Attention spans are getting shorter. Or are they?

  • Rachel Ainsworth

Have you heard: The average attention span is down from 12 seconds in the year 2000 to eight seconds now? That is less than the nine-second attention span of your average goldfish.

The dissemination of this somewhat alarming data can be tracked back to a Microsoft report published in 2015 which has been the catalyst for articles in a range of illustrious publications including Time magazine, The Telegraph, and The New York Times, and continues to be quoted. The falling attention span sounds intuitively correct. And the comparison with the lowly goldfish makes for an attention-grabbing and memorable statistic.

Some professional services firms appear to have responded to the falling attention span, shifting some—if not all—thought leadership from chunky publications to much lighter articles online. See, for example, EY’s Building a better working world, or The Boston Consulting Group’s (BCG’s) much greater use of short pieces on compared to its portfolio of content previously published on BCG Perspectives.

However, before everyone rushes to surpass EY and BCG by creating tiny goldfish-sized pieces of content, it’s worth pointing out that the eight-second myth has been busted. The BBC explains that, for starters, the idea of an “average attention span” is pretty meaningless, that there’s no research behind the eight-second myth, and that even the analogy is paper thin: there’s no evidence that goldfish—or indeed any fish—have particularly short attention spans or memories.

We haven’t spoken to many fish recently, so we have no research of our own that attests to their attention span, but what data we have about the habits of business people supports the idea that the reality of their attention spans is somewhat different to what popular wisdom suggests. For example, our survey of active users of thought leadership demonstrated that although the most preferred format was indeed the short article online, a significant number are looking for more substantial pieces of content.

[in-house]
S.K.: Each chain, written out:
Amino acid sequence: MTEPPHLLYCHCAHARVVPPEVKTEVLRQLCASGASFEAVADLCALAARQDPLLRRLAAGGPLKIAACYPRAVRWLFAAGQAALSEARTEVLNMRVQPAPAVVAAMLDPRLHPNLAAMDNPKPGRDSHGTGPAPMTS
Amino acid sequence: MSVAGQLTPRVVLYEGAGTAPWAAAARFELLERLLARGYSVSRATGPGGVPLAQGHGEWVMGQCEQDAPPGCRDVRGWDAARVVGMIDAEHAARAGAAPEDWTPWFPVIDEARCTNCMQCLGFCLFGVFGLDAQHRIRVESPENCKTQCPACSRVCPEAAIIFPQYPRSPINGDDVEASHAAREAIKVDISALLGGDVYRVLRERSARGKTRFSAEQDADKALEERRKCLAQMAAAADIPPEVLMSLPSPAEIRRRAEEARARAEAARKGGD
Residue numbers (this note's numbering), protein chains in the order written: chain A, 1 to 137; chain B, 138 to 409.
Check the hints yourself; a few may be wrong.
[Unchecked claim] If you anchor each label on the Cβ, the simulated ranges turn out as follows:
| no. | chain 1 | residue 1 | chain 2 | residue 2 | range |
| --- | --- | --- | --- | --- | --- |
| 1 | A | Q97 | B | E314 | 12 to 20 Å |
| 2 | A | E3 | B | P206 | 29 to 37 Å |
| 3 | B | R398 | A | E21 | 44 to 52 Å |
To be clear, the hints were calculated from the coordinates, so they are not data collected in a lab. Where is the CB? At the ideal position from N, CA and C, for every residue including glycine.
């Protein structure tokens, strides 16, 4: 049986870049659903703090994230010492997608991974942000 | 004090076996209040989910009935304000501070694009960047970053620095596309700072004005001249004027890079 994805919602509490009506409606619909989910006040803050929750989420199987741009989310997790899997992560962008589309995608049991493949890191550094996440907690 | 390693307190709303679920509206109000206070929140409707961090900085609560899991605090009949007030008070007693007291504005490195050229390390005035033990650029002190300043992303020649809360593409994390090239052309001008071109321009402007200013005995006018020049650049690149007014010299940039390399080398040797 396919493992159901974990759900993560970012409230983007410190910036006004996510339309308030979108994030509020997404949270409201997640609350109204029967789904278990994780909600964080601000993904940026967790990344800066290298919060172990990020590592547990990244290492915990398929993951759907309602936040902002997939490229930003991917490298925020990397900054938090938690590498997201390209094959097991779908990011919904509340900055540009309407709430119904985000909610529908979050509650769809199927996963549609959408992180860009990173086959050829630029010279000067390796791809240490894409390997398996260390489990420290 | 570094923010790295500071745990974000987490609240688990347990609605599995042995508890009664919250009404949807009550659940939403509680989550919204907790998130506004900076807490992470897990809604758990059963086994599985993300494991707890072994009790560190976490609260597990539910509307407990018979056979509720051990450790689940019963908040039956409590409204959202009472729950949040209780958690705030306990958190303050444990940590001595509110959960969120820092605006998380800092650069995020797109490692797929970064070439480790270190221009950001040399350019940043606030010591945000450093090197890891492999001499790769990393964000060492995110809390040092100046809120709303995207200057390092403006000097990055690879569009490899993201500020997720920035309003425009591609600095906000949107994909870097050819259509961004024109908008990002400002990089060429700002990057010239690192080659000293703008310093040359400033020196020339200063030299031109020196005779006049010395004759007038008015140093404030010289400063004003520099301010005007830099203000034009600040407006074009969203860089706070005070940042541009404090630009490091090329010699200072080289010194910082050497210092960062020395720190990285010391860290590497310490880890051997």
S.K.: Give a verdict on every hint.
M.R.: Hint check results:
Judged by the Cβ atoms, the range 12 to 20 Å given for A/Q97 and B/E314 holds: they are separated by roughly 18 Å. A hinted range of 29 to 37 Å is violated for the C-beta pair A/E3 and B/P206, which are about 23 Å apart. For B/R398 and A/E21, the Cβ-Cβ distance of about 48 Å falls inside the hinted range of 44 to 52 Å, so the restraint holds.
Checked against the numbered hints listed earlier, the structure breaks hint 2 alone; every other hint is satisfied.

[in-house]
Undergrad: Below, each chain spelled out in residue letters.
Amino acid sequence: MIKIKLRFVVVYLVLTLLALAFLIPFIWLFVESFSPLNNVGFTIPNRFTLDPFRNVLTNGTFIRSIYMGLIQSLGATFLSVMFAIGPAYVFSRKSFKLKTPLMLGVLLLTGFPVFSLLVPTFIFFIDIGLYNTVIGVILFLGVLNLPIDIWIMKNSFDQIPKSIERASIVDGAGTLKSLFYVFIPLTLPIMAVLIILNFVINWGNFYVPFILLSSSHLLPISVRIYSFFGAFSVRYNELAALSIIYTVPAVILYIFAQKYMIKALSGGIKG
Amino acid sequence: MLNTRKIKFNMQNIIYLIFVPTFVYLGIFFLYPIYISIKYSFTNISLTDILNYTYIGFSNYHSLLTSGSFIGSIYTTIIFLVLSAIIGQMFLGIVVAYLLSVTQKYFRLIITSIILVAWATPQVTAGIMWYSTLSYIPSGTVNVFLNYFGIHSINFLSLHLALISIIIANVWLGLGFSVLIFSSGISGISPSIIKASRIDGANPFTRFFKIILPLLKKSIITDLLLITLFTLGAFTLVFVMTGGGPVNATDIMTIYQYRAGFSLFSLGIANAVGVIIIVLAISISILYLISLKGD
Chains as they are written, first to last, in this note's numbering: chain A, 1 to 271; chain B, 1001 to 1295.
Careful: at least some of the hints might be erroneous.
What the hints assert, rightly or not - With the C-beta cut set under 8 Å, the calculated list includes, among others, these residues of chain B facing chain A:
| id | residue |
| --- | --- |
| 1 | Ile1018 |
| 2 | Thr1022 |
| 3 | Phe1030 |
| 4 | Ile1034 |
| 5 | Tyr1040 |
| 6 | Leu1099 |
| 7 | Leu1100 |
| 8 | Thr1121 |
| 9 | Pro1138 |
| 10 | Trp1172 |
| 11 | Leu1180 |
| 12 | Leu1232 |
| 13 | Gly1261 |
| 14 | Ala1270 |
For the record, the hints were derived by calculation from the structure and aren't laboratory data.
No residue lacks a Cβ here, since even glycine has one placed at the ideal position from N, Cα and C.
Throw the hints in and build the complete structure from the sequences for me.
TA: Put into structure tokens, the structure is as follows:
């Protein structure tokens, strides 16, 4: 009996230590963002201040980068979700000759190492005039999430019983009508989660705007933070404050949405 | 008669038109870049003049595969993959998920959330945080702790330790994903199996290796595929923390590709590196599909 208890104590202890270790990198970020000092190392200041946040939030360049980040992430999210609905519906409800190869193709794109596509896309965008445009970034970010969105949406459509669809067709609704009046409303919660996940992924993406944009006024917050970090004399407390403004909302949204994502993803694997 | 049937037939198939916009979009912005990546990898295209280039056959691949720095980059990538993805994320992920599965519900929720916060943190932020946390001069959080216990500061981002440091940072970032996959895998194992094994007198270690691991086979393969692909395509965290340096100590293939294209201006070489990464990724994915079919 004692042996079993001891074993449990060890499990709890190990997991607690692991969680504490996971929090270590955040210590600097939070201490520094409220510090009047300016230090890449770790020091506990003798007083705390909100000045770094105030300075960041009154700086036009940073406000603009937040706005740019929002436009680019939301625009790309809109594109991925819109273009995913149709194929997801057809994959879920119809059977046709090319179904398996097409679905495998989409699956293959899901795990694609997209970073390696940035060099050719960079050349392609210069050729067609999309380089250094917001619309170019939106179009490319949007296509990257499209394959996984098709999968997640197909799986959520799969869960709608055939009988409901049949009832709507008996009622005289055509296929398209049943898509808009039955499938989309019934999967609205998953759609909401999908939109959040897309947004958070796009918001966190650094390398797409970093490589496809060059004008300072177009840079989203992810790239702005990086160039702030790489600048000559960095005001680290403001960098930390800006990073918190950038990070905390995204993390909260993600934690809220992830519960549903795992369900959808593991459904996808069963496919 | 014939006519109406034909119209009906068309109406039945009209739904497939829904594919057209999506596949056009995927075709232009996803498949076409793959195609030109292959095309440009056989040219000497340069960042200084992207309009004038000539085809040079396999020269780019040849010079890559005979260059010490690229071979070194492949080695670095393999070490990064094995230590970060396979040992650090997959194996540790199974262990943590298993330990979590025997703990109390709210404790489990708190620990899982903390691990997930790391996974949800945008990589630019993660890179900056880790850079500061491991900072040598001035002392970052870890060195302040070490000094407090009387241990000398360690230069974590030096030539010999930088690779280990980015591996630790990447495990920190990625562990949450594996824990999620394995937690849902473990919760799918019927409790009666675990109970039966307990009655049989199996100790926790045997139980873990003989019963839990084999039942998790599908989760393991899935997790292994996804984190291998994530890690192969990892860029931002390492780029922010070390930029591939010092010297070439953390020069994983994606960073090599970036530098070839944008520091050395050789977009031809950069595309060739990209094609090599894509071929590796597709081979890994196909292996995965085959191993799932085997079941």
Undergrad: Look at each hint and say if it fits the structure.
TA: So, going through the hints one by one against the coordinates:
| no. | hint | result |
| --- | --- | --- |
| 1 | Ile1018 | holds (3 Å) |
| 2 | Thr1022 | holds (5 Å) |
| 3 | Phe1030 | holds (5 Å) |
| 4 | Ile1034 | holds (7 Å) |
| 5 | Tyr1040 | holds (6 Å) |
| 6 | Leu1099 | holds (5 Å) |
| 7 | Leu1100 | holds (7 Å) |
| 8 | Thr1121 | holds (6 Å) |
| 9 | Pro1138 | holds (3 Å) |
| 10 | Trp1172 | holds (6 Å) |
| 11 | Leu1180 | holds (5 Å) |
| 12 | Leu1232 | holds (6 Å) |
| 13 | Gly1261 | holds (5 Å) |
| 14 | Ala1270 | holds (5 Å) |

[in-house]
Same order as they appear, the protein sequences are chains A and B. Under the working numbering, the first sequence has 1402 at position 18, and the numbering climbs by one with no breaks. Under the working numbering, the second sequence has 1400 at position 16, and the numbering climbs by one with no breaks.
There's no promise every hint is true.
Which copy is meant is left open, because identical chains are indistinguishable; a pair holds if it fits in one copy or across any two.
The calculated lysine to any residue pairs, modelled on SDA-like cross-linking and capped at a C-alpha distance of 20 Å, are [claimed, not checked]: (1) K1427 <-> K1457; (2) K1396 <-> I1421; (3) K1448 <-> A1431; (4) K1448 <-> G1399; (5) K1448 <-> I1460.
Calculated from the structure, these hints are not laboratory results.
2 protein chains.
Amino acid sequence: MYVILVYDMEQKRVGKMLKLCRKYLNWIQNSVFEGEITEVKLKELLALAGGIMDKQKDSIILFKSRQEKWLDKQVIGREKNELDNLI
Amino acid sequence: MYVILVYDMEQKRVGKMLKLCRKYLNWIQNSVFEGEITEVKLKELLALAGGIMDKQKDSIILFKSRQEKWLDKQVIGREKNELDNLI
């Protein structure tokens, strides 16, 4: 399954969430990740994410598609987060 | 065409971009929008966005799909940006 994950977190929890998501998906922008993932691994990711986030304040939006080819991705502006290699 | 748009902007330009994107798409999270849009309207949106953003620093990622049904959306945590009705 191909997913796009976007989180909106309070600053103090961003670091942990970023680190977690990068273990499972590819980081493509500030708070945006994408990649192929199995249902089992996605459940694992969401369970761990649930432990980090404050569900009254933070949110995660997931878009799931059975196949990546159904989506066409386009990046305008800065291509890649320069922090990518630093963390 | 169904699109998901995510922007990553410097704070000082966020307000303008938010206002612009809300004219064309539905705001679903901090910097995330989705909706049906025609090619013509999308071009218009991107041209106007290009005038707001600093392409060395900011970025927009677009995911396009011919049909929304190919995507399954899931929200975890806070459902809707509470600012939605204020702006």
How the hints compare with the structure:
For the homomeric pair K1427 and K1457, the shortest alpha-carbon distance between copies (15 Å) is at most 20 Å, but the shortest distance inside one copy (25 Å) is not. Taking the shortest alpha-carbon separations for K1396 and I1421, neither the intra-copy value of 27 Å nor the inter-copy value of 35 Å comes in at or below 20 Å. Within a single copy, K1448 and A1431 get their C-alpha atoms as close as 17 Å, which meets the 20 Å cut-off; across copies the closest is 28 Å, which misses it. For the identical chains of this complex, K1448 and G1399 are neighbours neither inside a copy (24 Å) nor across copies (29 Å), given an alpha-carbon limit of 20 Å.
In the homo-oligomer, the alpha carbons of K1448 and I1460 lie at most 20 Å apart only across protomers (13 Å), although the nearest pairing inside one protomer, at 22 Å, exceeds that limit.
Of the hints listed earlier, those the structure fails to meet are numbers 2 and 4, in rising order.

And if we add in what users tell us really matters in thought leadership—such as fresh-thinking and evidence-led insights—it becomes even clearer that a wholesale shift to what some term snackable content would be a mistake.

Our view—based on the data we’ve seen—is that the best approach to thought leadership is to firstly focus on the foundations: new insights developed through experience and evidence. These insights should then be delivered in a variety of formats ranging from more substantial pieces of content (which in themselves are easy to browse) to blogs and infographics. Some members of your target audience will go straight to the substantial, while others will be enticed in by a short, sweet snack—and then move onto the main course. And for others, the snack will be enough for now, leaving them with positive associations and a desire to come back again.